SA Security Forces Union (Sasfu) president Bhekinkosi Mvovo said it was opposed to any “opportunism” by Malema and “the so-called Friends of the Youth League in exploiting the vulnerability of the soldiers”.
DA defence spokesman David Maynier said Malema was exploiting soldiers for political gain, but it should not be forgotten that the SANDF service commission had described as slum-like the conditions at the Doornkop/ Lenz military base, where the soldiers Malema would meet were stationed.
Malema’s visit to the soldiers threatened to undermine the constitutional imperative that the military remain politically neutral.
As such, Maynier said any soldier who attended Malema's address should be disciplined.
He said Defence Minister Nosiviwe Mapisa-Nqakula was right to disapprove of Malema’s intention to address the soldiers.
Earlier, Mapisa-Nqakula said on SABC radio that Malema seemed bent on turning soldiers against the state.
“You can’t just go on and on… and be going around mobilising funeral gatherings and agitating people to become ungovernable… It cannot be that we allow an ordinary citizen to stand up and want to instigate and want to agitate members of the SANDF, which is what has happened in Marikana, which is what has happened in the mining industry among those workers.”
* Presidency spokesman Mac Maharaj declined to comment on Malema’s assertion that SA is a “banana republic”.
“We won’t legitimise stories… by getting me or the Presidency to comment. You don’t expect him to comment on this,” he said yesterday.
“You must pay the price and take responsibility for writing stories saying that South Africa is a banana republic because you might believe it.”
* Economist Chris Hart said the impact of turmoil in the mining sector was serious.
“It’s not a small story anymore. It’s not our own internal issues. It’s becoming very serious and it’s probably one of the reasons the rand has been hit hard and as far as Angloplats is concerned,” said Hart.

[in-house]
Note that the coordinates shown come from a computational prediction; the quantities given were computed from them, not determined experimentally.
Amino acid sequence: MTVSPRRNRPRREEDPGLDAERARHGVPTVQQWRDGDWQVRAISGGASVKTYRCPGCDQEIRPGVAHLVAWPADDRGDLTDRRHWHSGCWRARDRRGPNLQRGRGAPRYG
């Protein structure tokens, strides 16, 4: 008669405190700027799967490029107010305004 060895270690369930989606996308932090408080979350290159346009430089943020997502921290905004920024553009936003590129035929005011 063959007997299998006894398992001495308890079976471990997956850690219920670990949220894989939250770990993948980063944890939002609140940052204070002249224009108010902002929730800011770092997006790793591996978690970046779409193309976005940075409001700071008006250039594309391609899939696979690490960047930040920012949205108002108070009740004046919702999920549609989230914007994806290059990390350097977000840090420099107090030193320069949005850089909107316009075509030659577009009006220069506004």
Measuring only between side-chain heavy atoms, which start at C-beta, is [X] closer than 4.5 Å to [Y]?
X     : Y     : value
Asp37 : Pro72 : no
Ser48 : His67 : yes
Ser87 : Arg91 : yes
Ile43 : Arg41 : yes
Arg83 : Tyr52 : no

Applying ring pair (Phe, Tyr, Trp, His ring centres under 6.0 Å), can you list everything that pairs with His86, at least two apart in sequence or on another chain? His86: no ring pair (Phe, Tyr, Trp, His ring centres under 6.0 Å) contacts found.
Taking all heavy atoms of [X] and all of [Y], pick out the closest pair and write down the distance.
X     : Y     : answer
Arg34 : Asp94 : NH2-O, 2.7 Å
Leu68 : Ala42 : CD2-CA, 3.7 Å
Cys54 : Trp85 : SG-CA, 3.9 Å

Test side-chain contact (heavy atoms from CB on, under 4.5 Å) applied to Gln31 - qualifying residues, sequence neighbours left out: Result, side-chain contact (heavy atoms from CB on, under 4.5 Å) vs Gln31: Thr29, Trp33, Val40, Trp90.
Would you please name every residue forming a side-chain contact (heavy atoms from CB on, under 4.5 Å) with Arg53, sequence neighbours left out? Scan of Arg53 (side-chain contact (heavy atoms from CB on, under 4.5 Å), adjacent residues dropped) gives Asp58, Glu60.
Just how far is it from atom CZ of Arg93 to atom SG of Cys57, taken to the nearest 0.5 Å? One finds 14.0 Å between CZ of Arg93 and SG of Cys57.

Anglo American Platinum announced on Wednesday it had suspended operations in the Rustenburg area to protect its staff.
Hart said investors would most likely withdraw capital from the mining industry or cancel projects. “The international community is probably wondering why it took so long, South Africa is now falling apart,” he said.
Companies were probably asking: “How are we going to plan our business models from here?”
In Malema’s words…
“We have now taken over the leadership of that struggle to make sure the mineral resources of this country benefit the people of this country. Particularly the workers who are working very hard in very risky conditions underground, trying to take out these precious minerals.”
“We continue to play that role to ensure that the working class in South Africa does not become leaderless because those who are charged with such a responsibility have taken leave from discharging such responsibility.” - Malema to CNN’s Christiane Amanpour
“There must be a national strike at all the mines until Frans Baleni and the NUM leadership step down with immediate effect - to workers at Gold Fields KDC West gold mine in Carletonville this week. “The problem is not NUM. The problem is the leadership who take money from mlungu (whites).
“Comrades, you don't have leaders. You are leaderless. You are not alone. We are encouraged by what you are doing,” he said. - Malema to workers at Gold Fields West Goldmine, Carletonville
“We are going to lead a mining revolution in this country... We will run these mines ungovernable until the boers come to the table”. - to workers at the Aurora mine in Grootvlei in August. - Malema to workers at Aurora goldmine in Grootvlei, Springs
“Under democracy our people will be protected. But government has turned against its people,” Malema told a memorial service for the dead miners in Marikana, North West. - Malema during a memorial service for Marikana miners